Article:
Tag Archives: disposal

Managing Cannabis Waste and Protecting Your Business from Risk

By David Laks
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Cannabis producers know that they cannot treat plant waste like common yard waste. They need to develop a detailed waste disposal plan in order get a license to operate.

Failing to follow the approved plan and improperly disposing of dry waste materials and waste products from oil extraction leads to fines, liabilities or even having your license rescinded.

Learning to deal with cannabis waste appropriately is crucial to the success of an operation. There are a number of strict controls in place for dealing with any kind of hazardous waste, which can’t just be sent to a landfill or composting facility.

In the US, the EPA and state governments provide guidelines for disposing of hazardous waste properly, and other countries have federal and local requirements as well. The EPA, like other environmental bodies, differentiates between two types of waste: solid and liquid.

Solid waste disposal: The guideline for identifying solid waste is that it’s “unrecognizable and unusable.” This means no one should be able to look at a bag of waste and know immediately that it is cannabis. Many cannabis operations have a facility on site for grinding down the waste into smaller bits. If the waste is non-hazardous, it is mixed with other non-cannabis organics such as garden trimmings and then composted or sent to the appropriate landfill. If it’s hazardous, it’s mixed with cat litter, sand, plastic or sawdust and sent to the appropriate landfill.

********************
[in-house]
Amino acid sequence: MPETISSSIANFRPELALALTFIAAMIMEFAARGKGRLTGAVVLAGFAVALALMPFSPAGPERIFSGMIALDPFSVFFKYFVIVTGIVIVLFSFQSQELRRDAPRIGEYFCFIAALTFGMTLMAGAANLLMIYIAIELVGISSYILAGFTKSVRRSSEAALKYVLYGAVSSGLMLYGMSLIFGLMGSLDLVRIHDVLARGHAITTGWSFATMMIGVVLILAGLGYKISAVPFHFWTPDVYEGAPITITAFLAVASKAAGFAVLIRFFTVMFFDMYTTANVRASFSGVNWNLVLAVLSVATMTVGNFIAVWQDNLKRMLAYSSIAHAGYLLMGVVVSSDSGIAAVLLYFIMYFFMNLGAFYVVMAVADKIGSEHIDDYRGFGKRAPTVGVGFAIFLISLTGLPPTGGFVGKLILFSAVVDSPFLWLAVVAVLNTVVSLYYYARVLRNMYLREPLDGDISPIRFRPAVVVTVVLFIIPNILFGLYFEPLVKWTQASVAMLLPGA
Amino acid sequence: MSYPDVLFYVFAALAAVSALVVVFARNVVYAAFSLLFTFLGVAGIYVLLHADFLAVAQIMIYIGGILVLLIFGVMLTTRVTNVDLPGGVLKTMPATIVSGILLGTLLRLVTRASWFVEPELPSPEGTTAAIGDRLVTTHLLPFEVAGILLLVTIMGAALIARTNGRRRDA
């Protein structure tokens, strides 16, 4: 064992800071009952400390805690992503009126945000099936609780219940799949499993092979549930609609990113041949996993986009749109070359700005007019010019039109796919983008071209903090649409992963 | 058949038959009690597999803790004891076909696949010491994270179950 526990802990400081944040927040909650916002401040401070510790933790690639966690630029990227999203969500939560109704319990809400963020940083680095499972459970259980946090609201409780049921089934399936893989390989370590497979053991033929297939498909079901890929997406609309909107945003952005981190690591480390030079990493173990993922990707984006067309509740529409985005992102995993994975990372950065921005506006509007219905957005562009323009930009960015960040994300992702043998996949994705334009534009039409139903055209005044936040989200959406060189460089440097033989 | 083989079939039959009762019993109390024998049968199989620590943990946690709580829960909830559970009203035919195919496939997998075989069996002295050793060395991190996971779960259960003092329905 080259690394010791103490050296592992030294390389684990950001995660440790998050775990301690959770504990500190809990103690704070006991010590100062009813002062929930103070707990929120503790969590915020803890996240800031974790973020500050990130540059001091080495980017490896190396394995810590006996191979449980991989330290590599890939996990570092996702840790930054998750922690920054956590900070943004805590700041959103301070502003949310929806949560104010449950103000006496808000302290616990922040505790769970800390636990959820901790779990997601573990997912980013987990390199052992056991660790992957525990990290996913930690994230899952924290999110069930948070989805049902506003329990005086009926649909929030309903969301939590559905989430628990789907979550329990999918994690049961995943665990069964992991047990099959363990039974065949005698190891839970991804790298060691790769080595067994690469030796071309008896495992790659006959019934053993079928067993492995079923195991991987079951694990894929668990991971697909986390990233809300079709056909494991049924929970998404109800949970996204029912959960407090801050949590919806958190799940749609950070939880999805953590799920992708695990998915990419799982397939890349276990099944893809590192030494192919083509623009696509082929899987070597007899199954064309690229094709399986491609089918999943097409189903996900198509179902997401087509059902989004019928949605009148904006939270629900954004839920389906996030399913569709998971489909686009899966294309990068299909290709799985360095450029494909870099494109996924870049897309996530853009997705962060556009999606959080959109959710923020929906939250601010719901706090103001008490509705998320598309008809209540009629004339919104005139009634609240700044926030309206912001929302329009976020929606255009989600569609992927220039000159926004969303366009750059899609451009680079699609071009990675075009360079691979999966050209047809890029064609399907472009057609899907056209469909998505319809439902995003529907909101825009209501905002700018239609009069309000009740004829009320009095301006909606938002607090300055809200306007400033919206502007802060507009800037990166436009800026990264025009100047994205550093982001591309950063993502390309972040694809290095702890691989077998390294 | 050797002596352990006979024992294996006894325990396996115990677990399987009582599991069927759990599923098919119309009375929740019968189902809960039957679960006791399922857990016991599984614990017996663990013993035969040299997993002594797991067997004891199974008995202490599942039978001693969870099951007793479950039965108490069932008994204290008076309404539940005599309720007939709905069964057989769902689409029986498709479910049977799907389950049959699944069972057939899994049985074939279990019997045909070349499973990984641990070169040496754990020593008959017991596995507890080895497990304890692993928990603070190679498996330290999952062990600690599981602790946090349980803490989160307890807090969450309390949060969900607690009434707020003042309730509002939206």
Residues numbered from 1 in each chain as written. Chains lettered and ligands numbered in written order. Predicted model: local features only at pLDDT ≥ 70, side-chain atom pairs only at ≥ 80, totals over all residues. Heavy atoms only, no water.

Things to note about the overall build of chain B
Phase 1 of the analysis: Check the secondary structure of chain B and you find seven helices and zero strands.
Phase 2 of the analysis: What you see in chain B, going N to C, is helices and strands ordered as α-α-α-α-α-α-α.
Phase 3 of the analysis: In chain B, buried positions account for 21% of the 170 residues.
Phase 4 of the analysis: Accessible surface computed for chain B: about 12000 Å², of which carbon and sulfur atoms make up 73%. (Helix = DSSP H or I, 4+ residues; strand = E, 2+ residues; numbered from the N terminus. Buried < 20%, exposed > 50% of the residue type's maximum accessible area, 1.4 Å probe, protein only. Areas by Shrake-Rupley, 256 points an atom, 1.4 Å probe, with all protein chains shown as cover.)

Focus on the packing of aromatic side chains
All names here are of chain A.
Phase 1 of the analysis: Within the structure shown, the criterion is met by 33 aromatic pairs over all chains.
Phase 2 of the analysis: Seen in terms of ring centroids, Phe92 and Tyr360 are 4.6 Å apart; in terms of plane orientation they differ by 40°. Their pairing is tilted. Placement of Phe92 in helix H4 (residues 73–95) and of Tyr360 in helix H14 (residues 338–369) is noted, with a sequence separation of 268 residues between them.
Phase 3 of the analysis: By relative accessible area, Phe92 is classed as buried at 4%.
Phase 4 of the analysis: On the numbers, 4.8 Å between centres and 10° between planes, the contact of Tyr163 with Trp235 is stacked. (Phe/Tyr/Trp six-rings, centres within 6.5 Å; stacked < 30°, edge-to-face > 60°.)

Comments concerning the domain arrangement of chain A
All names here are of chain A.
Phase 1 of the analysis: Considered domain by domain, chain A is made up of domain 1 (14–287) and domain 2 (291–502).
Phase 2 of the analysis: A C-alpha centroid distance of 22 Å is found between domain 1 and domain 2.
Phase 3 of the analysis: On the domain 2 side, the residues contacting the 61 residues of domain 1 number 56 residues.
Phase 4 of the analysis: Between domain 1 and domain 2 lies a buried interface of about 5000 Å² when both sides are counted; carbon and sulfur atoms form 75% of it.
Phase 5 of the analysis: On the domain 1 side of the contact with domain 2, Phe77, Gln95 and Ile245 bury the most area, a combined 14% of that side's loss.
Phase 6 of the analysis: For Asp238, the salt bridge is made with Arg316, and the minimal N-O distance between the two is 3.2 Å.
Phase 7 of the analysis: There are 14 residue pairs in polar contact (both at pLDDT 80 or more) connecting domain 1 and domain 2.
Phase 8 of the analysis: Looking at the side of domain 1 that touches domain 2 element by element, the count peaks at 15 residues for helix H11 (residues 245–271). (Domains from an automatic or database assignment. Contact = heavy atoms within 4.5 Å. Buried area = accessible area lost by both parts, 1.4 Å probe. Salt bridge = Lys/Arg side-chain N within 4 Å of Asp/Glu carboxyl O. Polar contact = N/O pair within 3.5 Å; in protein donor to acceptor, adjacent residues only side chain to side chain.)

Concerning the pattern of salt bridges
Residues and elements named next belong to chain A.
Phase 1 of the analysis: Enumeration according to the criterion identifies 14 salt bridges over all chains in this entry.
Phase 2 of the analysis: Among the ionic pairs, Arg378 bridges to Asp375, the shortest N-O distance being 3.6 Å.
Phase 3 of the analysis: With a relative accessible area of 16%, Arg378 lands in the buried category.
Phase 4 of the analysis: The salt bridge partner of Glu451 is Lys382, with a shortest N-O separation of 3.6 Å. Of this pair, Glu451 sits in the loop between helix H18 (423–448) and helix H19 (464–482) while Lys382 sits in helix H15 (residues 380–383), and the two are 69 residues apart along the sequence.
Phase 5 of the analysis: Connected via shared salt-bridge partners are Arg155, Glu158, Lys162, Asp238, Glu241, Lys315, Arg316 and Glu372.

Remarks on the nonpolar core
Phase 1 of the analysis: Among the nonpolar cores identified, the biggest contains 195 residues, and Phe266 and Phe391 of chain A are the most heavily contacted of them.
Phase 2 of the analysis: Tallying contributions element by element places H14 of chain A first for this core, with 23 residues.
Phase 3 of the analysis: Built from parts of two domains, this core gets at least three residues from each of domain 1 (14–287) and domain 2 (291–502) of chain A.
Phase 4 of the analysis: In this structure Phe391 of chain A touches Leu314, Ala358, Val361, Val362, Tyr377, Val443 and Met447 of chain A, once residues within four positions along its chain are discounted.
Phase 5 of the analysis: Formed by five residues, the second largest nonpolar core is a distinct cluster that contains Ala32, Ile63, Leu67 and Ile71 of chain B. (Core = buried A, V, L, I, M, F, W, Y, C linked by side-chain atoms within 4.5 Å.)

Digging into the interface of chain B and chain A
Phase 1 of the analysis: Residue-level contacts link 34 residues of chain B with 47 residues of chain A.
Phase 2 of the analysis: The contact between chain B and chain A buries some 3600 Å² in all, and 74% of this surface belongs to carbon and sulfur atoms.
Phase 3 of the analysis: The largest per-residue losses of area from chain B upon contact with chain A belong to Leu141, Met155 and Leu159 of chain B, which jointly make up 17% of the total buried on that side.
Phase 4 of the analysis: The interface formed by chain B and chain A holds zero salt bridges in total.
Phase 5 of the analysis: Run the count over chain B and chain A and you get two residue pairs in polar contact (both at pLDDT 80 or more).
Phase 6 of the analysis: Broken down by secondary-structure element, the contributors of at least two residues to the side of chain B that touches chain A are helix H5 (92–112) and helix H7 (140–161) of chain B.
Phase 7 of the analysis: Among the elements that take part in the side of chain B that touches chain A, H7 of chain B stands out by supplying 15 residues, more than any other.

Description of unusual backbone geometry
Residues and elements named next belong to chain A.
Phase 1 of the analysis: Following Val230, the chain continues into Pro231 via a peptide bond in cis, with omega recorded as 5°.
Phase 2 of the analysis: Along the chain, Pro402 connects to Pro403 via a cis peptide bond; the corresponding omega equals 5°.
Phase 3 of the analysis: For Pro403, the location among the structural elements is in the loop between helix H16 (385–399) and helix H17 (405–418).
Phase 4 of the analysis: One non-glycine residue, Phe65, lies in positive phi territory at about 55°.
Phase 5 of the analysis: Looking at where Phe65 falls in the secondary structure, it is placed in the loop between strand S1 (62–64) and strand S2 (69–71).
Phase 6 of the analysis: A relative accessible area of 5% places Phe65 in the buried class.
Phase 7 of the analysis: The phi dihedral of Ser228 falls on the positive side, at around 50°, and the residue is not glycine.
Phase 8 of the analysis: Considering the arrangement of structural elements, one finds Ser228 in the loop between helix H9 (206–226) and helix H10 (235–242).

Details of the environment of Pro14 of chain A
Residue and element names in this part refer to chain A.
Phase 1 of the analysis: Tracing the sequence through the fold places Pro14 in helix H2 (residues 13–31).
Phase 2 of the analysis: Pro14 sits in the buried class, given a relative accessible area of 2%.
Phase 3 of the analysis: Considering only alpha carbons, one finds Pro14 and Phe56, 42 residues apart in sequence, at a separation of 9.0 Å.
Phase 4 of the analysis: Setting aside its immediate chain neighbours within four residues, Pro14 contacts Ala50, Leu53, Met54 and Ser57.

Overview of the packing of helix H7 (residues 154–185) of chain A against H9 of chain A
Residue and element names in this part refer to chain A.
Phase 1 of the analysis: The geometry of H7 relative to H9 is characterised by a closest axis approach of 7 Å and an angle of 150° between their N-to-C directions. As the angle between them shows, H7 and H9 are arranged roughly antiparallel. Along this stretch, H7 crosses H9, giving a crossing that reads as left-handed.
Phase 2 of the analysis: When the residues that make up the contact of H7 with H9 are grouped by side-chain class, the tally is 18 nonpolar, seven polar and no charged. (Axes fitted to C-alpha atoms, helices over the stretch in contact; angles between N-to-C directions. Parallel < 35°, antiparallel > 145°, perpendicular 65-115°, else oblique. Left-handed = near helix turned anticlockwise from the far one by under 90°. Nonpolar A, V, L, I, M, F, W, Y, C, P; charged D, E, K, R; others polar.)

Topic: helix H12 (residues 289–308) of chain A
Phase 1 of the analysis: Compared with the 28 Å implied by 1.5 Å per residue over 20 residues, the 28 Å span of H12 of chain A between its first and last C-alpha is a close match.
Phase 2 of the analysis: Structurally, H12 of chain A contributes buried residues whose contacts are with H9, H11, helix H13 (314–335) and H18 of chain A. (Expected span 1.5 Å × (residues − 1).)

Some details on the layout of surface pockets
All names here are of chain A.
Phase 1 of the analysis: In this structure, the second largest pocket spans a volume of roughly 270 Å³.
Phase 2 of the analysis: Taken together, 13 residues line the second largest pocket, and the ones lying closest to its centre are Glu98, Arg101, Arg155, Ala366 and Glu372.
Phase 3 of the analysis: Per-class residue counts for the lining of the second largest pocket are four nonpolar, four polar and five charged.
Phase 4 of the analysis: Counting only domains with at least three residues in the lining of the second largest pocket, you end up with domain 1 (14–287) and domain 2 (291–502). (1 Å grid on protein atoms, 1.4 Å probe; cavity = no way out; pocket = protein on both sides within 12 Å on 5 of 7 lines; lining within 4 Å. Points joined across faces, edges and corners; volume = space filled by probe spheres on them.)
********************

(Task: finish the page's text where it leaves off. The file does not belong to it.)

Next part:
Liquid waste disposal: Liquid waste is a bit more complicated. It must be disposed of properly or sent to a hazardous waste treatment facility. Cannabis operations must partner with a shipping company to dispose of the hazardous waste appropriately, unless they transport it themselves.

It can be confusing to manage the risks of proper disposal of cannabis waste. Keep it simple by following these three tips:

  1. Become an expert in all the legal restrictions – and follow them. Federal restrictions will guide you overall, but local (i.e., state and municipal) restrictions are equally important and may vary.
  2. Seek out experienced, reputable disposal companies – and hire the best one.Look for one that is familiar with handling hazardous waste in general and cannabis waste in particular.
  3. Familiarize yourself with the guidelines for proper tracking, transportation and sign-offs – and follow them.Completing all appropriate documentation ensures you have a paper trail to protect you in the event of an audit. Much of the documentation creates a written record so inspectors can confirm appropriate handling.

Waste disposal policies should be reviewed regularly as state and municipal regulations can change. At the same time, it would be wise to review your environmental insurance policy to ensure your business is covered for any accidental releases.